Way back in late August of 2008, Hebgen Dam broke. The day it happened we sat there and drank beers, watching the lake drop six inches in 24 hours. A month later, PPL Montana got the situation “under control”, but none of us thought it would take this long to complete construction. Where is the accountability? For the past seven years, the angling could be hit and miss, more so than before the failure of the intake structure. During the past two seasons, it seemed as if the trout have come around to the warmer temps and fishing was pretty darn good. However, the dry fly fishing wasn’t nearly as consistent and most guides in the float stretch relied on nymphing. I’ve written about this quite a bit over the past seven years, so have others like Mike Lum down in Ennis. We’ve been pretty hard on Northwest Energy (formally PPL Montana, this change happened in the fall of 2014) and only in the past couple of years has anyone at NWE really paid attention. I’d like to give that credit to their biologist, Brent Mabbot. Brent is a diamond in the rough and is putting in some time with regards to getting out and talking with the locals who have spent their lives on the Madison River and care for it deeply. While we don’t agree on everything, he at the very least will listen and react. Brent went to bat for the river and I personally have noticed the change. While some of us would’ve held on to more water this winter in Hebgen Lake, at least we are sitting at a higher elevation that in past years…it’s not much higher, but it is better than it could be. Trout in the Madison River are spawning and it remains to be seen how they’ll do with the recent drop in flows, which is a double edged sword. Why? Well, the lake is gonna need all the water it can to be filled by the end June and our snow pack is quite low (72% for the entire Madison Drainage, slightly lower locally). Hopefully, this drop in flows (currently 654 CFS) is early enough to catch the pre-run off snow melt that is occurring right now and also to not cause the spawning channels to become too shallow, too soon.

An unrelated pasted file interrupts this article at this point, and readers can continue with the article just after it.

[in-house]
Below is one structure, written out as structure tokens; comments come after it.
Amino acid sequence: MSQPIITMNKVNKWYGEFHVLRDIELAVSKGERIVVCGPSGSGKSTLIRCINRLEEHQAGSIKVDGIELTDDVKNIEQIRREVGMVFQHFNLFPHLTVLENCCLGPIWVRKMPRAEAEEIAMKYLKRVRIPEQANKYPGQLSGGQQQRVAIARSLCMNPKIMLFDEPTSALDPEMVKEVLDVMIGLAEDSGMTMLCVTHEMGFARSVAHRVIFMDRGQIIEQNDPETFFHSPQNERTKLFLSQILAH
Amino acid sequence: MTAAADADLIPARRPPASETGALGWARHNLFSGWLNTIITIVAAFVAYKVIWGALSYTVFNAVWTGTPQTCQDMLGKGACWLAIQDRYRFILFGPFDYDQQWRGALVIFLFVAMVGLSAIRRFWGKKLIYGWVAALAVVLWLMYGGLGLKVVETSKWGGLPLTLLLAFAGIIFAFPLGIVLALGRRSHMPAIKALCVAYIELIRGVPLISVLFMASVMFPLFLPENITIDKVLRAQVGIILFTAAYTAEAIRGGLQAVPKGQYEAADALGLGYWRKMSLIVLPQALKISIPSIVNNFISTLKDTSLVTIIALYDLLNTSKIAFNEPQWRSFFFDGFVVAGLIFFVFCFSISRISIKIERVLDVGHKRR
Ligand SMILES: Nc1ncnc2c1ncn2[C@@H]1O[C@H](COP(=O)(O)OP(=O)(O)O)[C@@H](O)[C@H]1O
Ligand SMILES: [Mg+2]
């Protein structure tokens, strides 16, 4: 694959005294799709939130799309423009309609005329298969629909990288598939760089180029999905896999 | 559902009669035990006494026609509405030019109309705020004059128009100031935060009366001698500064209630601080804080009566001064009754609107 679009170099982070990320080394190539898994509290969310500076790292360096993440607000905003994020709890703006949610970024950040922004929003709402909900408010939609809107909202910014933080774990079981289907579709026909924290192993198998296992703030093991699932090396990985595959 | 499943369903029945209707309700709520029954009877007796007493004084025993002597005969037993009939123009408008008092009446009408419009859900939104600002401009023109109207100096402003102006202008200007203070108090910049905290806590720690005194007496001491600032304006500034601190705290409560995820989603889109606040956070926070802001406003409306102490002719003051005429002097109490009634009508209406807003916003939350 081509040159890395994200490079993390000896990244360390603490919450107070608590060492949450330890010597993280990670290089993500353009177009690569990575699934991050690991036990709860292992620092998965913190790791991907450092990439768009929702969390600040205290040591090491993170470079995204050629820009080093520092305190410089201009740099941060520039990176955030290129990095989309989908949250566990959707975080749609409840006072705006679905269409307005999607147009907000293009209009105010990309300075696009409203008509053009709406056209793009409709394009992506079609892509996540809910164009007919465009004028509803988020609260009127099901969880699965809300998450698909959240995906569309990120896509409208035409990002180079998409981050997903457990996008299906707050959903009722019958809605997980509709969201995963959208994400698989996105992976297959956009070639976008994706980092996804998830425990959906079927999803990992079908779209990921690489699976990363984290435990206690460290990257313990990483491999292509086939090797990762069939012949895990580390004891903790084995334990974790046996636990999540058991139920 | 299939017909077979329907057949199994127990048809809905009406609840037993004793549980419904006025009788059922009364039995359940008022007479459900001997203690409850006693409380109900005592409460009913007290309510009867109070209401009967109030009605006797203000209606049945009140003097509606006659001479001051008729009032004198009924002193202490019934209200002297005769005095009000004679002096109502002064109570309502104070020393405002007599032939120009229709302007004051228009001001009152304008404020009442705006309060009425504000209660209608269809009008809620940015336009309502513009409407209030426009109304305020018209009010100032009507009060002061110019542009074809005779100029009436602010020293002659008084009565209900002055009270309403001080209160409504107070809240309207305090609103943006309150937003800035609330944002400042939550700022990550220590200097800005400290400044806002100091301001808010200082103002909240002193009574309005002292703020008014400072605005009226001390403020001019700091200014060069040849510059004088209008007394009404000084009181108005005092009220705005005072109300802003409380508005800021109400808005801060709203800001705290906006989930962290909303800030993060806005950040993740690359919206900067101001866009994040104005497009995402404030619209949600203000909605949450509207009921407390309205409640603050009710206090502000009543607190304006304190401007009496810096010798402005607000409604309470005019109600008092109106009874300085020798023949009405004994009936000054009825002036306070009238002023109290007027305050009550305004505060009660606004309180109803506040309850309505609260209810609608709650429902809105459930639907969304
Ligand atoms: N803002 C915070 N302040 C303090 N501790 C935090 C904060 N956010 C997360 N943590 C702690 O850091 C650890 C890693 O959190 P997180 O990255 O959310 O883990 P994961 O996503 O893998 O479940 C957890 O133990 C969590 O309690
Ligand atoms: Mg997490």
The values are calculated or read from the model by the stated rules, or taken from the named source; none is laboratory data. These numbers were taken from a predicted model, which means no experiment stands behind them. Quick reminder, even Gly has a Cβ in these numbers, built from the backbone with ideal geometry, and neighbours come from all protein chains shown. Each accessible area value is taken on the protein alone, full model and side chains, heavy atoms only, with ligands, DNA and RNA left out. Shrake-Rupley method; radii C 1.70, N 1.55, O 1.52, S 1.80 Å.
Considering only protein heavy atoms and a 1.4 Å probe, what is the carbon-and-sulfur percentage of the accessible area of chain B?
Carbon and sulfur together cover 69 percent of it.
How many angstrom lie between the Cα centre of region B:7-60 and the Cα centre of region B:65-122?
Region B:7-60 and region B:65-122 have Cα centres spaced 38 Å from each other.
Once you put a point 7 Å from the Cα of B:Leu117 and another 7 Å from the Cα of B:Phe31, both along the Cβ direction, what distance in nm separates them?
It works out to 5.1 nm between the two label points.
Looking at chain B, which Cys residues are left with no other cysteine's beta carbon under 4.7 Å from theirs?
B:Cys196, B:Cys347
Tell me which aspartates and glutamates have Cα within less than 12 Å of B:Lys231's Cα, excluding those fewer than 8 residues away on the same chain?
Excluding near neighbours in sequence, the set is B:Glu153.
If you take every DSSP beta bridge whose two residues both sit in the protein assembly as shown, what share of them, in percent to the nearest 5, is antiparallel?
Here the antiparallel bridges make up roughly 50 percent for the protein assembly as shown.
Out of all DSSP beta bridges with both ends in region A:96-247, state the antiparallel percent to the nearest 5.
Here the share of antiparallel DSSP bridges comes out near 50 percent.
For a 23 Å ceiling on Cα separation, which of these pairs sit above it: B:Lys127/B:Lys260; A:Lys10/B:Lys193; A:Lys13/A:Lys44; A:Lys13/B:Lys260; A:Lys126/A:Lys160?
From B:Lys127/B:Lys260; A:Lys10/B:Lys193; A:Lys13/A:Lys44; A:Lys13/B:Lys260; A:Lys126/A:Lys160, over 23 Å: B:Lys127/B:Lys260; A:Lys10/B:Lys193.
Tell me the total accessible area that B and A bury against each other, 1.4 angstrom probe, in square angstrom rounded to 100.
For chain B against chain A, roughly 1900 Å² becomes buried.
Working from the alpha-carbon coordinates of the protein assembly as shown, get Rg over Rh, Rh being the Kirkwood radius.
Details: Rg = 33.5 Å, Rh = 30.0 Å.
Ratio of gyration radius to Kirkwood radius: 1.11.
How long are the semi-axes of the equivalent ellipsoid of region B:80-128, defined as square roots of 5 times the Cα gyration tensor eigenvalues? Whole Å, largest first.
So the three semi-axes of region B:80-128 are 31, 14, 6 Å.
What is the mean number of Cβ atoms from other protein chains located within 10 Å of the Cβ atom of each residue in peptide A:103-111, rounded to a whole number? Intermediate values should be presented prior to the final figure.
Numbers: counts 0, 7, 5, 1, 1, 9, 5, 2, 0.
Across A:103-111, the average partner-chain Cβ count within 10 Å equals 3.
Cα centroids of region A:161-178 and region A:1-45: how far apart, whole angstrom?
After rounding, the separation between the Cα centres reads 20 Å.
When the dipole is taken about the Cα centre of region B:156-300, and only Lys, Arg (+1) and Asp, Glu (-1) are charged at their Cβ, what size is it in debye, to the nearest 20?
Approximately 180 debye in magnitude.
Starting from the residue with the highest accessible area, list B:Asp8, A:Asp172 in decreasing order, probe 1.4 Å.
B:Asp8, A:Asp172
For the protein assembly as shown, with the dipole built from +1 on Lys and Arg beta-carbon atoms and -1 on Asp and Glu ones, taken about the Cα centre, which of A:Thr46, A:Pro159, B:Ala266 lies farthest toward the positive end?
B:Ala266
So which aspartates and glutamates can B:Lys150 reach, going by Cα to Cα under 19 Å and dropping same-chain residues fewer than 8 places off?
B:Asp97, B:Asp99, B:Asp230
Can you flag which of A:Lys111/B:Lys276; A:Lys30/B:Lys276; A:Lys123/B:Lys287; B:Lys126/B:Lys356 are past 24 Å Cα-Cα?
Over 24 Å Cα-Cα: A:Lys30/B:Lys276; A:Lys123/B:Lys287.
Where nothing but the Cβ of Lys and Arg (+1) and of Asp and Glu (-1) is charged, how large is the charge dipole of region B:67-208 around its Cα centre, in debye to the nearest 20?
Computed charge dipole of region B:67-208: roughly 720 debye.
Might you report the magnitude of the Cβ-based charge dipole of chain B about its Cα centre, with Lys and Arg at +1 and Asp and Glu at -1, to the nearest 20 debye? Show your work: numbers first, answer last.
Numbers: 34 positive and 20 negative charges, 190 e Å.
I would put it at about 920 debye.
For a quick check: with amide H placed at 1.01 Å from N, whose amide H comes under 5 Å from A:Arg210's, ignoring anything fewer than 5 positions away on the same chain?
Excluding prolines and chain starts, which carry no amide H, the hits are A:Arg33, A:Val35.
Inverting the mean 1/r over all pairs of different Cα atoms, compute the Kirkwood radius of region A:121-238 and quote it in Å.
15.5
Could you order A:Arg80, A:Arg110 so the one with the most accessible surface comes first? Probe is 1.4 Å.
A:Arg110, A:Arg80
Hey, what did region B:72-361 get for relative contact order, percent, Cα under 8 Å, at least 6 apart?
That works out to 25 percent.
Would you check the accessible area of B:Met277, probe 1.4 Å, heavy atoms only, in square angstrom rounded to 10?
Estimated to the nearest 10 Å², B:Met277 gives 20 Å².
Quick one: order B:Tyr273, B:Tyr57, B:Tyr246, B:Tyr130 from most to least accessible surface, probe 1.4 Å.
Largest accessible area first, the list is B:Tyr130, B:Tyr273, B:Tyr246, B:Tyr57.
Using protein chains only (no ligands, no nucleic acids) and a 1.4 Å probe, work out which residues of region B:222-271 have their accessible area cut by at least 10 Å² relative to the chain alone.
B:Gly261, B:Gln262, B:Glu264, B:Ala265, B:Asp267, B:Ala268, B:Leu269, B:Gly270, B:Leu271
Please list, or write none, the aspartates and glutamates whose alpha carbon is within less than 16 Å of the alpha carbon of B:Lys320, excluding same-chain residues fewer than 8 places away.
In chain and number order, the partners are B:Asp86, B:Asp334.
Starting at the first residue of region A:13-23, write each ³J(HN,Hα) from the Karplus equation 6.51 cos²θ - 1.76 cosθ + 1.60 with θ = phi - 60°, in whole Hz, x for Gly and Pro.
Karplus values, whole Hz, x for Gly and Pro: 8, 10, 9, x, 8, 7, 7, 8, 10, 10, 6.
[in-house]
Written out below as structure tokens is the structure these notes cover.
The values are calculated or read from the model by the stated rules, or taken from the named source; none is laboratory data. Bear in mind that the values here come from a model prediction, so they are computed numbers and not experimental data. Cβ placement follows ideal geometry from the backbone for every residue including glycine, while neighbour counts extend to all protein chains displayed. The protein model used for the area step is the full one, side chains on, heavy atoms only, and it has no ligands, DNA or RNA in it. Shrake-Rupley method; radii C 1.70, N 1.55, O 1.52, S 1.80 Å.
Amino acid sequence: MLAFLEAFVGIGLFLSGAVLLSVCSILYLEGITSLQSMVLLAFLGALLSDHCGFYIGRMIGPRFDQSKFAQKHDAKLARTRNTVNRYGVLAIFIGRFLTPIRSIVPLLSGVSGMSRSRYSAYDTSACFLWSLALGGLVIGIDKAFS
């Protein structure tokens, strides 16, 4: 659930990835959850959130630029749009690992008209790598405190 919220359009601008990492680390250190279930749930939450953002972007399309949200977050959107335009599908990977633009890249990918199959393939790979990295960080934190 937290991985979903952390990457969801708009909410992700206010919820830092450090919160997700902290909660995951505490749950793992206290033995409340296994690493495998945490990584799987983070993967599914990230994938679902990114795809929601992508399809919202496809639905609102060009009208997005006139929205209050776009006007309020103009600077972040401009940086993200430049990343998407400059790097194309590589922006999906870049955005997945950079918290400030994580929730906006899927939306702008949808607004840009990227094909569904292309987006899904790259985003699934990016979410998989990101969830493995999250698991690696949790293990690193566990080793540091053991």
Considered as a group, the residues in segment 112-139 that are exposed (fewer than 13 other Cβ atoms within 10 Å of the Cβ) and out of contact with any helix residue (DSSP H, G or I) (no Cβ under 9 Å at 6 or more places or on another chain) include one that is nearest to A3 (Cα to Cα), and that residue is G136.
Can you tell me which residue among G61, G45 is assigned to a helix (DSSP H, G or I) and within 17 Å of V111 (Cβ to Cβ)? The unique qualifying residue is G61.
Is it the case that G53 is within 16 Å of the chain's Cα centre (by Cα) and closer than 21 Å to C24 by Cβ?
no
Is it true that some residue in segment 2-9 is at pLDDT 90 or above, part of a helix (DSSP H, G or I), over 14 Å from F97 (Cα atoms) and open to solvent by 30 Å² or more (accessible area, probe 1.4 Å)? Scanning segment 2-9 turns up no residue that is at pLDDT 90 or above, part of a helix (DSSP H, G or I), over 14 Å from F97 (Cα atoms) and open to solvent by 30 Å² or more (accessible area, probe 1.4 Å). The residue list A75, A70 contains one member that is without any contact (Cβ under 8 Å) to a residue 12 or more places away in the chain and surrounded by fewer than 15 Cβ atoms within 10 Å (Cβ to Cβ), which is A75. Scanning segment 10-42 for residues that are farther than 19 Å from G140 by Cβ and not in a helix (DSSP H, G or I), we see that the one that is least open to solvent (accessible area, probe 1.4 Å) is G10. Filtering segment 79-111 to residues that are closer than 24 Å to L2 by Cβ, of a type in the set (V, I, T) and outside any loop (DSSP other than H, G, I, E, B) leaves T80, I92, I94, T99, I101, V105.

So, cross your fingers, cross everything really, as they are almost finished with Hebgen Dam project. On or around July 1, 2015 NWE is going to begin testing the new intake structure. This will take some time as they want to make sure everything is functioning properly. Once this is the case, they will start to remove the coffer dam.
This is when things get tricky.
You see, there is roughly 56 degree water down at the intake, which is about 10 degrees cooler than what comes off the top of the lake. In August, there are times when the top of the lake is 70 degrees. If NWE switched out the flow from the warmish water on top of the lake to the cold water beneath the thermocline, this could “shock” the fish. Mabbot would like to slowly introduce the cold water to the fish and plans on mixing the top water and bottom water for a little while to gradually change the temperature of the river. Against the coffer dam sits quite a bit of silt and nobody knows exactly how much. This silt will enter the river once the coffer dam is removed. Will it blow out the river completely? Who knows, but the river betwix the lakes will get some color. With any luck, Quake Lake will act as a filter and the river from the Slide to Ennis will be green. By August 15th, or earlier if all goes well, the Madison will once again have clean, cold water. Honestly, nobody really knows how the river will react to this change, but the one thing we all know is that cold water is better than warm water. When I talk about change, I mean go back to the way it was. Back to when one needed waders to fish betwix the lakes in August. Back to when most of us fished dry flies ramp to ramp with good success no matter how skilled the angler was in the boat. This change will take some time as the river will adjust the way all ecosystems do – at their own pace.
I boldly predict that the fish, post runoff, will enjoy the river as they normally do. However, when the river begins to warm up, like it has the past 7 years in late July, it will continue to be cold because Hebgen Dam is functioning properly from the depths of the lake. Maybe, just maybe, the larger trout in the river will still be holding in the shallow riffles and boulder strewn runs through the month of August and early September and not retreat to the deepest, darkest and coolest runs in the river. Sixteen years ago, I started guiding on one of the finest rivers in the world. Some of the best advice I got was to learn the river by floating long stretches and fishing a dry fly against the banks, around the boulders and throughout the mid-river gravel bars. Float long and fish it dry. This has not been the most productive technique since 2008, with the exception of late June and early July or the random day they decide to eat it all day on top, but I want this back more than about anything else in my angling world….and I am not alone.